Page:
Monday, April 19, 2010

Issues with national curriculum

Today at a PD of five secondary schools and their mathematics teachers, we had a quick look at the national curriculum. As an upper school teacher, the demands of teaching upper school are significantly reduced under national curriculum with many upper school courses being pushed back into middle school and a lot of middle school algebra pushed into primary school. I don't necessarily think this is a bad thing.

Strengths that were raised by presenters were that it was put together by experts, that the course was being simplified (would contain less material with more depth), that when questioned by parents for course suitability teachers could point to the syllabus (reducing uncertainty) and that it assisted in course transferability (eg. between states).

The first issue identified by the audience was that it was a one size fits all approach. This means that many students will fail a year and then be unable to do the work in following years leading to students unable to achieve anything higher than a 'D' causing reduced motivation and higher instances of behavioural issues (for this reason alone I will re-iterate that anything other than normalised grades in classes is a poor solution).

The second issue was that for at least 5 years students will not have the capacity to complete middle and upper school mathematics as there are a considerable number of missing attributes in our current curriculum. Students taught under the current system will not be able to effectively participate under the new system without extensive remediation especially in operations and algebra. Given that this remediation needs to occur during an 'increasingly packed' lower school curriculum this is unlikely to occur.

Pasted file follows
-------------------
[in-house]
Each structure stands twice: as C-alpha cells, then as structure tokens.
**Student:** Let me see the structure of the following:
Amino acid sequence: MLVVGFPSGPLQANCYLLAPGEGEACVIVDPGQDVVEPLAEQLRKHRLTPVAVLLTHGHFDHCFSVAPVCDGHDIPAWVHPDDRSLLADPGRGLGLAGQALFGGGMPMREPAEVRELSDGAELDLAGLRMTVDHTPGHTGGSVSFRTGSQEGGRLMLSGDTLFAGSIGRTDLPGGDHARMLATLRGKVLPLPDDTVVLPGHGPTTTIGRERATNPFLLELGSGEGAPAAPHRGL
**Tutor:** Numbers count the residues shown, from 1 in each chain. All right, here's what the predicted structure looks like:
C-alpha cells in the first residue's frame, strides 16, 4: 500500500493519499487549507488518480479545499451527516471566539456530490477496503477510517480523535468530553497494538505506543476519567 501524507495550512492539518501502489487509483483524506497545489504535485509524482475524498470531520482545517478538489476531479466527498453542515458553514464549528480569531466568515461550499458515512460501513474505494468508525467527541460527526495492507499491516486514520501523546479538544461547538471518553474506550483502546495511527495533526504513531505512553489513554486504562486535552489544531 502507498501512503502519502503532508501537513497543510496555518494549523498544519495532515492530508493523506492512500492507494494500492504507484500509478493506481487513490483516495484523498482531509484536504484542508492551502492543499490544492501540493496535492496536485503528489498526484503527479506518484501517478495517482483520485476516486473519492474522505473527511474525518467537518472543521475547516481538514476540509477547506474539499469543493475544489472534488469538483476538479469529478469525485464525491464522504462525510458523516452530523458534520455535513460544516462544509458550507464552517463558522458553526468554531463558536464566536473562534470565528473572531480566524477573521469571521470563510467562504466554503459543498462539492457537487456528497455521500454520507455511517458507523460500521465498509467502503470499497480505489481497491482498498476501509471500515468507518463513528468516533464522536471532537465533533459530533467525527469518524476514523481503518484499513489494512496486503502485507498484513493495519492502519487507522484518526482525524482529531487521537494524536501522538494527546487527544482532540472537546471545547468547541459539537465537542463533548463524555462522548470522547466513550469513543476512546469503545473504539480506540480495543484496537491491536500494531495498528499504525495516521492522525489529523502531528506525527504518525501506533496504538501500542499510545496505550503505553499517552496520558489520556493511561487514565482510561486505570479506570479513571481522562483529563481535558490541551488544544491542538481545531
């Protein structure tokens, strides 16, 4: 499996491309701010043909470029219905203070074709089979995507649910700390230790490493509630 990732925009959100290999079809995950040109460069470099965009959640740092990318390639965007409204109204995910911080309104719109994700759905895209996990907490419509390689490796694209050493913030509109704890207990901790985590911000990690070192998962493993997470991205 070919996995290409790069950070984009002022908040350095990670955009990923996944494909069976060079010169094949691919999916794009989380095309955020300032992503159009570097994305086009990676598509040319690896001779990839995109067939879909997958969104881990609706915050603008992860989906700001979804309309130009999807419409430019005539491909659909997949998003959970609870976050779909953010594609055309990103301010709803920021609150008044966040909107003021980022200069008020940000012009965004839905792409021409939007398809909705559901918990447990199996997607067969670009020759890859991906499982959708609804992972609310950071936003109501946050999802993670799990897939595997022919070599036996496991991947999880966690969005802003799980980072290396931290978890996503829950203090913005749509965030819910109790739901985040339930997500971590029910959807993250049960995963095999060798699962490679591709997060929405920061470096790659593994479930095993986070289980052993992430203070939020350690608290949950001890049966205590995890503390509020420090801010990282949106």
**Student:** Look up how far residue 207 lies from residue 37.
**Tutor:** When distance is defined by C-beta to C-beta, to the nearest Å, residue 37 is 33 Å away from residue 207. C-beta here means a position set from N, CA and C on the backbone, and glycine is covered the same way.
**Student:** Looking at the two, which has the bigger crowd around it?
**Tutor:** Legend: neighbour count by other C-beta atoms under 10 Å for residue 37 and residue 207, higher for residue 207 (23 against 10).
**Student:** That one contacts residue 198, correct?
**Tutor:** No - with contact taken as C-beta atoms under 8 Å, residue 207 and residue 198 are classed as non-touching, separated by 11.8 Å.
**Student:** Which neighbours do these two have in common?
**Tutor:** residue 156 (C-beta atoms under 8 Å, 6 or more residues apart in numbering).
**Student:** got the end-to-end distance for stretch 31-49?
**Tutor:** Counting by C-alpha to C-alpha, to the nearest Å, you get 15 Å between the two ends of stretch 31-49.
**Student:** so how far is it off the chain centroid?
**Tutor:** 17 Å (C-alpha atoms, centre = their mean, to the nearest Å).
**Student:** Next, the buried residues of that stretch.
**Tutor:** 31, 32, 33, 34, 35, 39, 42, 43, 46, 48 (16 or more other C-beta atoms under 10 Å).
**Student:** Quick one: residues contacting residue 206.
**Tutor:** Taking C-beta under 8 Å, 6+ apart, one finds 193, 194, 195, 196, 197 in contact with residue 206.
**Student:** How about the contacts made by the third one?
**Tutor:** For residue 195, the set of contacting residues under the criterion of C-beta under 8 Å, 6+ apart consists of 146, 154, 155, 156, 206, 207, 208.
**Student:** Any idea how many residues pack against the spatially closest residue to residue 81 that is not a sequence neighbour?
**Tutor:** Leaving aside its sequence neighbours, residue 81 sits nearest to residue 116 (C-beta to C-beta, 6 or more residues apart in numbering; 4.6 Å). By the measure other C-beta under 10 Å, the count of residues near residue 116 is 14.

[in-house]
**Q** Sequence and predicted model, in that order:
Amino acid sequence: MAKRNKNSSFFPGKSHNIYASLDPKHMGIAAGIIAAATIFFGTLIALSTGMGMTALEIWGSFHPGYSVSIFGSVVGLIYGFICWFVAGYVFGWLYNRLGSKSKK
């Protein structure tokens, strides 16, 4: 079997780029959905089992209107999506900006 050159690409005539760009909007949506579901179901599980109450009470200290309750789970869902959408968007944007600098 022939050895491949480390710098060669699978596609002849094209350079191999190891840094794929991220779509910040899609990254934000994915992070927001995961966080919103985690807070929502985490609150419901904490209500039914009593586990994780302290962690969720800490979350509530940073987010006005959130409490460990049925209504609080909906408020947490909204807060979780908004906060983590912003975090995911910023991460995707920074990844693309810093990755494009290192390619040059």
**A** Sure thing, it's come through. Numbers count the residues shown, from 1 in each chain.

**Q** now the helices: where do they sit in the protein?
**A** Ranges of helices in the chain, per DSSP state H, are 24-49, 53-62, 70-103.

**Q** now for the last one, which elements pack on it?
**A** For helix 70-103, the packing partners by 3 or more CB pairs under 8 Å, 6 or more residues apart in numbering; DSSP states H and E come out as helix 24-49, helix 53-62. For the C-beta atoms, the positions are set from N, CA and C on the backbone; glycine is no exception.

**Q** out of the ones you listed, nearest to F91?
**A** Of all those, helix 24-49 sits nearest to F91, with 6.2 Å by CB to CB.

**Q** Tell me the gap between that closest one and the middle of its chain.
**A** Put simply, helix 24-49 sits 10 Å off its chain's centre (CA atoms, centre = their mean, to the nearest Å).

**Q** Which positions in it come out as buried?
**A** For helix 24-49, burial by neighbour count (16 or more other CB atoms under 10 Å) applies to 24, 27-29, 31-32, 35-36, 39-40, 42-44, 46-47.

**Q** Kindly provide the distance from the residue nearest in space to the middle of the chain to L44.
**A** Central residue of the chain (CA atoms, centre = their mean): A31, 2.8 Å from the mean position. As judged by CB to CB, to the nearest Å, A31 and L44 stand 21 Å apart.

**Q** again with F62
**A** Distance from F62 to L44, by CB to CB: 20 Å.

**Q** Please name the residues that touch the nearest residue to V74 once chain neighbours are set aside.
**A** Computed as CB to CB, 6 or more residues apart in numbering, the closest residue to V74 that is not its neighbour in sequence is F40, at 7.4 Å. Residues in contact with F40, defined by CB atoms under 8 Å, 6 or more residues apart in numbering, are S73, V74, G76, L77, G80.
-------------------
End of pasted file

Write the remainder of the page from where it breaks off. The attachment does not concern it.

The third issue relates to WA primary extending to yr 7 (resulting in a lack of specialist mathematics teachers in year 7) and primary schools being ill equipped to teach pre-algebra and algebra. Given the number of students that currently enter yr 8 'algebra ready' I tend to concur that this is a problem that could be solved by national curriculum (although nobody is saying how this will occur). I have no idea how long it will take for texts to be prepared and primary teachers upskilled to be able to present the material, but it will be longer than the current implementation date of 2011. No allowance for upskilling has been allocated to schools in low performing NAPLAN states WA, QLD, TAS and NT where the current curriculum is less rigorous due to population and historical factors.

The fourth issue relates to endpoints mapped in the current NCOS of study for year 12. Under the current plan there will be little requirement for 1B-2C as students will theoretically be well past the 2C benchmark if they successfully complete the yr 10 national curriculum. This caused some laughter and raised the more important point that we really need a range of courses 8-10 (focus, intermediate, advanced) to cater to a range of student abilities and to stream courses into NCOS subjects.